On the heels of some of Birmingham’s most hailed examples of resurgence comes the completion of yet another widely anticipated transformation to a once neglected and unused area of downtown. The Rotary Trail is also proof that methods for redeveloping urban spaces are also evolving in more modern and sustainable ways.
The project, which was initiated by the Birmingham Rotary Club in honor of its centennial, has transformed a four-block section of downtown, a neglected and abandoned railroad bed once known as “The Cut.”
Much has been said about the work done on the project itself and the positive changes it brings to the city. There’s more than meets the eye to this urban space with a history more than a century in the making. Rotary Club members and project co-chairs Cheryl Morgan and Bill Jones share some of the most interesting facts regarding the history and redevelopment of Birmingham’s Rotary Trail.
1. Welcome to the Magic City
The Rotary Trail’s western gateway is representative of the famous sign that once welcomed people to “the Magic City” when they arrived at the City’s Terminal Station on the train. The original sign and Terminal Station were torn down in 1969. The new sign was donated by BL Harbert International and was created with the help of other contributors including O’Neal Steel, which donated the steel, Fravert Services which fabricated the letters, and Daniel Iron which assembled the sign. Daniel Iron also happens to be “descended” from a firm that fabricated the original sign at Terminal Station.
2. The Red-Light District
Located in a section of town once known as Birmingham’s red-light district, the Rotary Trail runs along a part of the downtown that once housed many brothels and their well known “madams.” In the late 1800’s however, the “madams” of Birmingham were credited with helping to save hundreds of people during a serious cholera epidemic by opening their houses to the sick and providing them with beds and necessary care. One such madam, Louise Wooster, earned positive recognition for leading efforts to convince her peers to help during the epidemic. Today, just one of the buildings that formerly housed a brothel remains situated along the Trail.
3. Water Conservation
With a primary mission to enhance the city with additional greenspace and more bike and pedestrian-friendly options, the Rotary Trail has also become an important part of a solution to correct a major environmental problem with wastewater draining into nearby Village Creek. Morgan says the design of the Trail “caps soils” that have been contaminated by local industry or runoff from city streets and rooftops. “The soil and plants that now sit over these caps in the Trail’s undulating hillocks allow for the runoff to percolate in a clean context and literally be filtered before going into the ground water and appropriate storm water systems.” In 2015, the Rotary Club was honored with a Water Conservation Award from the Alabama Wildlife Federation for the trail’s innovative design.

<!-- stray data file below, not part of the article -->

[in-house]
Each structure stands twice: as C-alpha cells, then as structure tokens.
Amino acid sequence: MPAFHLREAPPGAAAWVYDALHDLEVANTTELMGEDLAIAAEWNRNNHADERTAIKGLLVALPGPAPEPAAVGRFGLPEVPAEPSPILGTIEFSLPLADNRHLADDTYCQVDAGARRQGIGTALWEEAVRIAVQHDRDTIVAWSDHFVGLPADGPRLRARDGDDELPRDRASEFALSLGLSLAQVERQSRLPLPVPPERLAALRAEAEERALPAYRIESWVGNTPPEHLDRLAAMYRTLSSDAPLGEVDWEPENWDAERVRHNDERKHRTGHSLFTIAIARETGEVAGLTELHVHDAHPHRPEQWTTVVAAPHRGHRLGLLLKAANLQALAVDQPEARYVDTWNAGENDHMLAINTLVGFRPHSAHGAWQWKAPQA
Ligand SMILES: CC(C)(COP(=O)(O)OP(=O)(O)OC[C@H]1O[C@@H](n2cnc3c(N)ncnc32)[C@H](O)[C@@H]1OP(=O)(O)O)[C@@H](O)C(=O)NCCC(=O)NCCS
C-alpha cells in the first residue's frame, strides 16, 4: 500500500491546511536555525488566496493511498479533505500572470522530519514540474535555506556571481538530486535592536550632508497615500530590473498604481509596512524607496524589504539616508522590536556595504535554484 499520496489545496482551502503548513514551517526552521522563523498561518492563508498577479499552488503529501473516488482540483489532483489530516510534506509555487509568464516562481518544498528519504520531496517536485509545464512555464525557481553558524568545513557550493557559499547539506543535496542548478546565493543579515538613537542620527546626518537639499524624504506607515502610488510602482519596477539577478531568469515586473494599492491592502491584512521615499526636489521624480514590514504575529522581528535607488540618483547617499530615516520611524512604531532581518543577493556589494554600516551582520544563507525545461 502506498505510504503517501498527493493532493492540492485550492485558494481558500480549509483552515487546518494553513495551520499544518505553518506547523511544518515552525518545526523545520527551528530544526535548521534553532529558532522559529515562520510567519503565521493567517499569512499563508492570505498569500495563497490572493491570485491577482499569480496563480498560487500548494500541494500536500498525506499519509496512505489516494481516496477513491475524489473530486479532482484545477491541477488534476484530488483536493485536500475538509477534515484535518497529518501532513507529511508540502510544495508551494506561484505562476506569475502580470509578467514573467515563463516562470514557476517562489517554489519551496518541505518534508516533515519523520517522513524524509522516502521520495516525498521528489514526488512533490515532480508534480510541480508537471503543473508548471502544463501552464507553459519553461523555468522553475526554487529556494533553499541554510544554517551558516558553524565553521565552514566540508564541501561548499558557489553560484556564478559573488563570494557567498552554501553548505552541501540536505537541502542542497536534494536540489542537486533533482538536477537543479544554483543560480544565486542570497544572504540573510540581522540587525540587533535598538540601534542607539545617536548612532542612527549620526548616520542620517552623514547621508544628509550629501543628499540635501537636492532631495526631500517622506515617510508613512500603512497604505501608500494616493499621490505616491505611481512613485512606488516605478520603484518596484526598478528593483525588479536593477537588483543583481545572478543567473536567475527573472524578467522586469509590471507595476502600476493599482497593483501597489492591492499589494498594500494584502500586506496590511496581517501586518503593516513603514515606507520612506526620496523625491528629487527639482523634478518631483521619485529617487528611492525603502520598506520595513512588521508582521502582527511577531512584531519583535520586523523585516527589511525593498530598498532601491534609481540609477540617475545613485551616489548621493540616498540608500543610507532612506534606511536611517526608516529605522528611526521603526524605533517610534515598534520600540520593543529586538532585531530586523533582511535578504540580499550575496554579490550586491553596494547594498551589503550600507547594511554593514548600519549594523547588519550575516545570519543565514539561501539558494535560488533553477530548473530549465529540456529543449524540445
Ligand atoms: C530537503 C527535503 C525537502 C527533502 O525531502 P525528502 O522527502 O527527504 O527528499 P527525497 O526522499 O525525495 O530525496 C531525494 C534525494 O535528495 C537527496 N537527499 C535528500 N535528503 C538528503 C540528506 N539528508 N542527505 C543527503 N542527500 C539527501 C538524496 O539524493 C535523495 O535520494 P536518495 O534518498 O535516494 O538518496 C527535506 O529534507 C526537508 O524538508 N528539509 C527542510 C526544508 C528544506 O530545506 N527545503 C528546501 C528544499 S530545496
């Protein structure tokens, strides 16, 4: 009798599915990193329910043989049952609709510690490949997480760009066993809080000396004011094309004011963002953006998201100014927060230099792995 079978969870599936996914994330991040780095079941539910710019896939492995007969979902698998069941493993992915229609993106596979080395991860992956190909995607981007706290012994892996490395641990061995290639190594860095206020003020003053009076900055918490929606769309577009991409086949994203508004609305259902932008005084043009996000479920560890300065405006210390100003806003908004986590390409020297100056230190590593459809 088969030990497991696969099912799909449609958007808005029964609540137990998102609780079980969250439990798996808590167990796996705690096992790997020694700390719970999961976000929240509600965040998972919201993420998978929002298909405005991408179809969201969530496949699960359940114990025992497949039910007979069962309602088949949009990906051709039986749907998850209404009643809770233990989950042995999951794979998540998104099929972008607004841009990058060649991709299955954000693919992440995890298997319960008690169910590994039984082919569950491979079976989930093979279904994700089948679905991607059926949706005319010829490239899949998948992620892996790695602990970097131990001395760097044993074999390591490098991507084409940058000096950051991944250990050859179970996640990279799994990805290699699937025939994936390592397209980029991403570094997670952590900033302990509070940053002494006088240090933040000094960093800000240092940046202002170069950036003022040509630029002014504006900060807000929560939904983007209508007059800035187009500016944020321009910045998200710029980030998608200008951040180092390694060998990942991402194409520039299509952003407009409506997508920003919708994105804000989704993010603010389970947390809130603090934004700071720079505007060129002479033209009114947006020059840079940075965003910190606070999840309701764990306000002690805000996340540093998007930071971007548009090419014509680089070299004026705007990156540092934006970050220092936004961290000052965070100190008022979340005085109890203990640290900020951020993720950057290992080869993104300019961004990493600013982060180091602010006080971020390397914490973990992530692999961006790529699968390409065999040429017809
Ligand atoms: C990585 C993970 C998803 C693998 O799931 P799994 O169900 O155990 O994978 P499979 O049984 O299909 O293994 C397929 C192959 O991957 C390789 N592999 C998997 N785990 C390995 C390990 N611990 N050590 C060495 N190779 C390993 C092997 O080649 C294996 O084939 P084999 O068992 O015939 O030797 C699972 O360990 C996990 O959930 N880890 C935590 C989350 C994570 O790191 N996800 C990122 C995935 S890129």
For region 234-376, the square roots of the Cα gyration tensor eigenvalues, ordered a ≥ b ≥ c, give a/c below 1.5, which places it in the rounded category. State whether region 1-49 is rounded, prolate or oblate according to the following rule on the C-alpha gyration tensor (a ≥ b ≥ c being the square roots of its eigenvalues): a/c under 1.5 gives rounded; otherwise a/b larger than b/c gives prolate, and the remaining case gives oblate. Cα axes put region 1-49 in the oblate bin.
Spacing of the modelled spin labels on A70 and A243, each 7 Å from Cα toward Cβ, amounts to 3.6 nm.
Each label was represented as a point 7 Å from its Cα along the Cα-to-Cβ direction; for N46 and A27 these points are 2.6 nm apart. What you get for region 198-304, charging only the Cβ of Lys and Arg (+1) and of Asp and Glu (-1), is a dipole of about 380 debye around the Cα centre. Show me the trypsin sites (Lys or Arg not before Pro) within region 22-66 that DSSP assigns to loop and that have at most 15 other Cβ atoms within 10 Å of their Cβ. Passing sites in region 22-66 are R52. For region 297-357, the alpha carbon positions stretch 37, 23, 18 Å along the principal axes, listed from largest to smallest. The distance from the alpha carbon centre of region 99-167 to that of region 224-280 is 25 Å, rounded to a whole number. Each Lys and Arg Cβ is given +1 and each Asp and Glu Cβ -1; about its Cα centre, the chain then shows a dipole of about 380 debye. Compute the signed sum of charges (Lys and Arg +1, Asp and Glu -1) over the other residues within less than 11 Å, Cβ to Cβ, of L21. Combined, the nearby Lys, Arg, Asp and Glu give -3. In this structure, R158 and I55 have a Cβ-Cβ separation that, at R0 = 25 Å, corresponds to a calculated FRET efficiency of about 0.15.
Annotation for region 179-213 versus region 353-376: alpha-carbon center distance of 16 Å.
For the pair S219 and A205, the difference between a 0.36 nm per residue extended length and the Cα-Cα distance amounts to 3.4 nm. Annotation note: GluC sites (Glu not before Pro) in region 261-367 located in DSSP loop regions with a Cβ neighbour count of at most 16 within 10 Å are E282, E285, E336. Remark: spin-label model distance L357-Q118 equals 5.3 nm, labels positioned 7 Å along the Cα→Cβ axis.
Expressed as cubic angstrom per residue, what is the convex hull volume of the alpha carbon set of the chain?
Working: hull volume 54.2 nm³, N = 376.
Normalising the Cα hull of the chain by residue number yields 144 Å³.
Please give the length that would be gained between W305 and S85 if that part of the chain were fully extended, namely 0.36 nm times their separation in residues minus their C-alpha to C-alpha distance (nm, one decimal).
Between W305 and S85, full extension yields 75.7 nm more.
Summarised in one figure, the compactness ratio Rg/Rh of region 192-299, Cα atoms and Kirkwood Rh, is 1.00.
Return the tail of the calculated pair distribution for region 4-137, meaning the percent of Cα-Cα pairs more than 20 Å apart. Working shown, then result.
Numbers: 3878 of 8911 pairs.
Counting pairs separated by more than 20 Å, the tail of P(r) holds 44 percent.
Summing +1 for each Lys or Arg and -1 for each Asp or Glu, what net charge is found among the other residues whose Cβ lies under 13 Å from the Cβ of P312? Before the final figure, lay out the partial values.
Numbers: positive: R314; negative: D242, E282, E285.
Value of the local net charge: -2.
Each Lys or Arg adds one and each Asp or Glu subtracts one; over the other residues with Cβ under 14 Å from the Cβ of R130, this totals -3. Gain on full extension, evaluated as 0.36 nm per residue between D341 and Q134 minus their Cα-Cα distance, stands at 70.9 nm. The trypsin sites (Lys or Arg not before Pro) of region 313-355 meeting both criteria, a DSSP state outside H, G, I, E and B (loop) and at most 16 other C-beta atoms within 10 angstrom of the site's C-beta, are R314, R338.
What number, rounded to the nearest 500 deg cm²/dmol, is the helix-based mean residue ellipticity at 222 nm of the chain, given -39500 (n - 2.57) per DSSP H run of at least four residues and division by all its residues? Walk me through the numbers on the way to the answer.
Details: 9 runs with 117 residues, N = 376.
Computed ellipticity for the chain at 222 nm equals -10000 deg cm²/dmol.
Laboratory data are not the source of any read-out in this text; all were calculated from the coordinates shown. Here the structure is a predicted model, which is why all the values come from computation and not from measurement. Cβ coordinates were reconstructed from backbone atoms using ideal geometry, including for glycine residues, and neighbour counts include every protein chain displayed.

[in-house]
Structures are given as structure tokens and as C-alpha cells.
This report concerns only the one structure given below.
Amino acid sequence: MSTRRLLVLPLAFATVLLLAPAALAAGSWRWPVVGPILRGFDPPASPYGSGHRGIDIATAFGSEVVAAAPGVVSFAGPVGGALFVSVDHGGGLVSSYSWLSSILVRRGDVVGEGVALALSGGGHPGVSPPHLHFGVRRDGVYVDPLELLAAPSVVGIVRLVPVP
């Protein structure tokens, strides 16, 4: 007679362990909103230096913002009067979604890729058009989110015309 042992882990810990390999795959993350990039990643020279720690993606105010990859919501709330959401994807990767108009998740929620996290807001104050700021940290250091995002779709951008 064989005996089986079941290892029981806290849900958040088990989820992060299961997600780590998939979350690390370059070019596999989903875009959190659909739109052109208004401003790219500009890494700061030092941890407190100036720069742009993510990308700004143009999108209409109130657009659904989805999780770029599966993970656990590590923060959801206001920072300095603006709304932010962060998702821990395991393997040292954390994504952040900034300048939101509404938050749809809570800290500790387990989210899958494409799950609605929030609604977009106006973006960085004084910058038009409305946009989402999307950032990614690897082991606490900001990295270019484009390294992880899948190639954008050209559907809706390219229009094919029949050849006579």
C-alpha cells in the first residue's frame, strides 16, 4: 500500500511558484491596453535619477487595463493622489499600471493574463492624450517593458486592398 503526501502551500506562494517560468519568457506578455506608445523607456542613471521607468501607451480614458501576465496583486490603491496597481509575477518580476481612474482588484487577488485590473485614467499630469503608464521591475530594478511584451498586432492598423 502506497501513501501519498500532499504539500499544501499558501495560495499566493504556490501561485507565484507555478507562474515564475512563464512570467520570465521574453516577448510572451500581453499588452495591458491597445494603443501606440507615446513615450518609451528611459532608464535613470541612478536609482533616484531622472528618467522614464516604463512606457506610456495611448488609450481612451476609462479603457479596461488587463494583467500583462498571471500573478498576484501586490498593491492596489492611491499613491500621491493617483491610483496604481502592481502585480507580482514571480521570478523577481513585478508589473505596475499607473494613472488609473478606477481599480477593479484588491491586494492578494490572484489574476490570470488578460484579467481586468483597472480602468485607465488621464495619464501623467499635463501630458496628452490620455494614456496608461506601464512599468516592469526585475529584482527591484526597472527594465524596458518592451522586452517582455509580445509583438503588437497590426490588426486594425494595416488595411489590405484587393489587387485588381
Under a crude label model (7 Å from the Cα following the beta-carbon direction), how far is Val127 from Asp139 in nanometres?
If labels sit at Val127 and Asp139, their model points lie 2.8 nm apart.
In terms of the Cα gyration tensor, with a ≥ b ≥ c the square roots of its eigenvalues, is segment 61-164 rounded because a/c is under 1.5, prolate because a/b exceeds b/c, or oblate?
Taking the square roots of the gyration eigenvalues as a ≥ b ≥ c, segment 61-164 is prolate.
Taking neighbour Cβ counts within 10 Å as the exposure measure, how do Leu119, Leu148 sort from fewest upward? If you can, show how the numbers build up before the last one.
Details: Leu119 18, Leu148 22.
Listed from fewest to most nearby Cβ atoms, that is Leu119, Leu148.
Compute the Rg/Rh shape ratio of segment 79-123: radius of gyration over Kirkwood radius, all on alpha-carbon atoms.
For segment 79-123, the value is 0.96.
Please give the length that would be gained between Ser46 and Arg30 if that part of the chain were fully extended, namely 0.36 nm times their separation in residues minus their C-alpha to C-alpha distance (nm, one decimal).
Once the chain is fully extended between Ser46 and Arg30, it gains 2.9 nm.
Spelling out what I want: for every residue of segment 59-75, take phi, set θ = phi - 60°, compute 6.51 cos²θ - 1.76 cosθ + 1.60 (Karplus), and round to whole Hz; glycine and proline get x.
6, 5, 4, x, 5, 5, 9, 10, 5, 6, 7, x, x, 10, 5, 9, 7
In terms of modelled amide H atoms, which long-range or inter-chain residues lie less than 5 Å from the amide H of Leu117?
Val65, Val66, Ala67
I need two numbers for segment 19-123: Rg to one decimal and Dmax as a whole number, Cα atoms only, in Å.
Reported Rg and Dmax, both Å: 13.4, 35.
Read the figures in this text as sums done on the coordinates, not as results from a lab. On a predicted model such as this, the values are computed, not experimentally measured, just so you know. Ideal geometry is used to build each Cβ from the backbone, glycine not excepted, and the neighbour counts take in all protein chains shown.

4. Powering Up with Solar
The Rotaract Club of Downtown Rotary became involved in the project when it worked to match a grant from Alabama Power Foundation to purchase and install four power charging stations that are situated near seating areas on each end of the Trail. Morgan says the trail is even equipped with wifi which along with the charging stations, will help keep you connected and powered up while on the trail.
5. Made for Walking
The Rotary Trail is a part of the growing Red Rock Ridge and Valley Trail system which was conceived in 2010 when the Freshwater Land Trust (working under the Jefferson County Department of Health) received funding from the Centers for Disease Control through a grant called “Communities Putting Prevention to Work.” The goal was to use the funding to create more feasible methods to promote more active and healthy lifestyles through the “use of alternate modes of transportation, and protect regional waterways.” Morgan says if you walk from Railroad Park (located at 14th street) to Rotary Trail (along 20th to 24th streets) and then along Jones Valley Trail (32nd street) and back, you will have walked more than three miles. This trail currently goes from Cross to Sloss – The Crossplex at Five Point West to Sloss Furnaces (at 32nd and 1st North streets). Through downtown, this trail is along First Ave. South.